Art/Design, Entertainment

The Hayao Miyazaki retrospective is finally open

Fully enchanted.

words by: Sahar Khraibani
Oct 31, 2021

We are so excited to announce that the Hayao Miyazaki retrospective is officially open.

 

 

Who, what, where, when, how?

The retrospective has opened in Los Angeles at The Academy Museum of Motion Pictures. The exhibition of Hayao Miyazaki’s work explores the techniques behind the studio’s most renowned films, from My Neighbor Totoro to Howl’s Moving Castle, and many more.

 

This exhibition show also happens to commemorate the Academy Museum’s grand opening (also known as the organization behind the Oscars). It includes nearly 300 artifacts and elements from the director Hayao Miyazaki’s career, including hand-drawn storyboards, character designs, posters, and film clips. This was all created in partnership with Studio Ghibli.

 

Many of the artifacts and items on display have never been seen outside of Japan before. The retrospective also includes Ghibli-themed installations, such as the mystical tree tunnel depicted in My Neighbor Totoro. The visitors are able to actually go through the tunnel, making it possible to experience Miyazaki’s enchanting world.

 

As in Kiki’s Delivery Service, there’s also a grassy knoll where visitors are invited to lie down and gaze up at a round screen projecting a video of clouds drifting by. Another tree tunnel leads to the rest of the Academy Museum in the exhibition’s last part. Visitors can hear Chihiro’s footsteps as she departs the realm of Spirited Away and returns to the real world. The “two-faced Stone Spirit” stood in front of the final doorway, wishing her luck on her journey. To be honest, this sounds like an absolute treat and for longtime fans such as myself, comes as close as the movies do to taking you out of reality and into the enchanted world of Studio Ghibli.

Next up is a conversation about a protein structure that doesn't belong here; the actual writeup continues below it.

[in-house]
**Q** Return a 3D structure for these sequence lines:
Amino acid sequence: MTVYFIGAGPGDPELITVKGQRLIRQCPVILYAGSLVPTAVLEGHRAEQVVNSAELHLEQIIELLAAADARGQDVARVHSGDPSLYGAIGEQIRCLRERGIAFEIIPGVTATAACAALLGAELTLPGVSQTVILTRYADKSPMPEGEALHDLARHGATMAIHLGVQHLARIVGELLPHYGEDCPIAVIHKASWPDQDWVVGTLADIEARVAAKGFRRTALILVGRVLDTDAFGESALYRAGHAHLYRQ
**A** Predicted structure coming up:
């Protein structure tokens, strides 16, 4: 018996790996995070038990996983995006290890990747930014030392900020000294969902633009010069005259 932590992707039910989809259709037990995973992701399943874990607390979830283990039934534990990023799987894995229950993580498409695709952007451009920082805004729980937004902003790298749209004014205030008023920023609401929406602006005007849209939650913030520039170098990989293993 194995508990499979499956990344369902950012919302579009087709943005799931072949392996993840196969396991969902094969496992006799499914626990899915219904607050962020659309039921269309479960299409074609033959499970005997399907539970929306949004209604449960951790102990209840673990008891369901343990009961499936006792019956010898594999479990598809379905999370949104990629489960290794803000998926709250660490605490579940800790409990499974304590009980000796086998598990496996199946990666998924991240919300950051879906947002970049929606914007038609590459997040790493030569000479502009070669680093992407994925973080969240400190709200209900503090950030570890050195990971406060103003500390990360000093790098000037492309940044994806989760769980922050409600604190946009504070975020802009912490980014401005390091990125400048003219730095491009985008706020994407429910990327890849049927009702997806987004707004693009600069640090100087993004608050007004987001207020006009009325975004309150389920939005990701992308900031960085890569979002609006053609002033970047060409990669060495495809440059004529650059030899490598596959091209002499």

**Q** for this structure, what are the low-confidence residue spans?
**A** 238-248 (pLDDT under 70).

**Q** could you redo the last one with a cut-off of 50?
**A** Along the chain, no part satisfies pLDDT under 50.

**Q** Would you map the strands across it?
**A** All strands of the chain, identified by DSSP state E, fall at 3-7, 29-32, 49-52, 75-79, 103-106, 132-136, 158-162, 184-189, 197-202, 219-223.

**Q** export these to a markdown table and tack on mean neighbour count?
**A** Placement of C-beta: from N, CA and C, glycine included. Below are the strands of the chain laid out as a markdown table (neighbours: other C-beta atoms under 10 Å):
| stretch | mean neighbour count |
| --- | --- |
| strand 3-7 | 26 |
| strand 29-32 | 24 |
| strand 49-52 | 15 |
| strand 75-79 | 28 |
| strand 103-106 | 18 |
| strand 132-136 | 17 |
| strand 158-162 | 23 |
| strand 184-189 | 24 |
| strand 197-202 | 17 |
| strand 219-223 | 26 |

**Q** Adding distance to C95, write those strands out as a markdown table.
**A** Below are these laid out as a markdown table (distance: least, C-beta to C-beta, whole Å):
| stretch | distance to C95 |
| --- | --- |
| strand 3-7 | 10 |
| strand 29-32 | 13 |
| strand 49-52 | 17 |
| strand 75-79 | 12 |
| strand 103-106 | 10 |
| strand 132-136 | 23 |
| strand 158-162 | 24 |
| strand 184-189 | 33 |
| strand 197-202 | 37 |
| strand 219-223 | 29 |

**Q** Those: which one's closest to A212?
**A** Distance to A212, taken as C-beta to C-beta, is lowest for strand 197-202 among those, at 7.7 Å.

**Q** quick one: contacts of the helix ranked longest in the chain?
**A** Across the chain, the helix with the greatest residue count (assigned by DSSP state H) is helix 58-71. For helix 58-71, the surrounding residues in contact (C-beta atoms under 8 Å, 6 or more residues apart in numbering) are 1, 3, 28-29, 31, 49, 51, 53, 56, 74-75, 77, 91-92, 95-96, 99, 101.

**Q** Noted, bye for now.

Statements

Jacqueline Stewart, the Academy Museum’s chief artistic and programming officer said of Miyazaki:

“He’s a cinematic master. Miyazaki is an international filmmaker. We wanted to highlight somebody who really had global appeal and global impact. And one of the things that’s really unique about his work, too, is that it actually does appeal to young people and older generations with equal passion and vision.”

 

The curator behind the Miyazaki exhibition, Jessica Niebel, also explained how she worked with the filmmaker at Studio Ghibli and the Ghibli Museum in Japan to gather all the materials making the exhibition and comprehensive and authentic as possible. She shared:

“Miyazaki conveys the nuance behind his protagonist’s intentions, and invites viewers to recognize the contradictions of human nature: to act responsibly, show respect and humility, and coexist with the environment.”

 

Read more on Studio Ghibli’s historic Spirited Away being turned into a play.

 

Photo via Joshua White, JW Pictures/©Academy Museum FoundationHayao Miyazaki, Academy Museum of Motion Pictures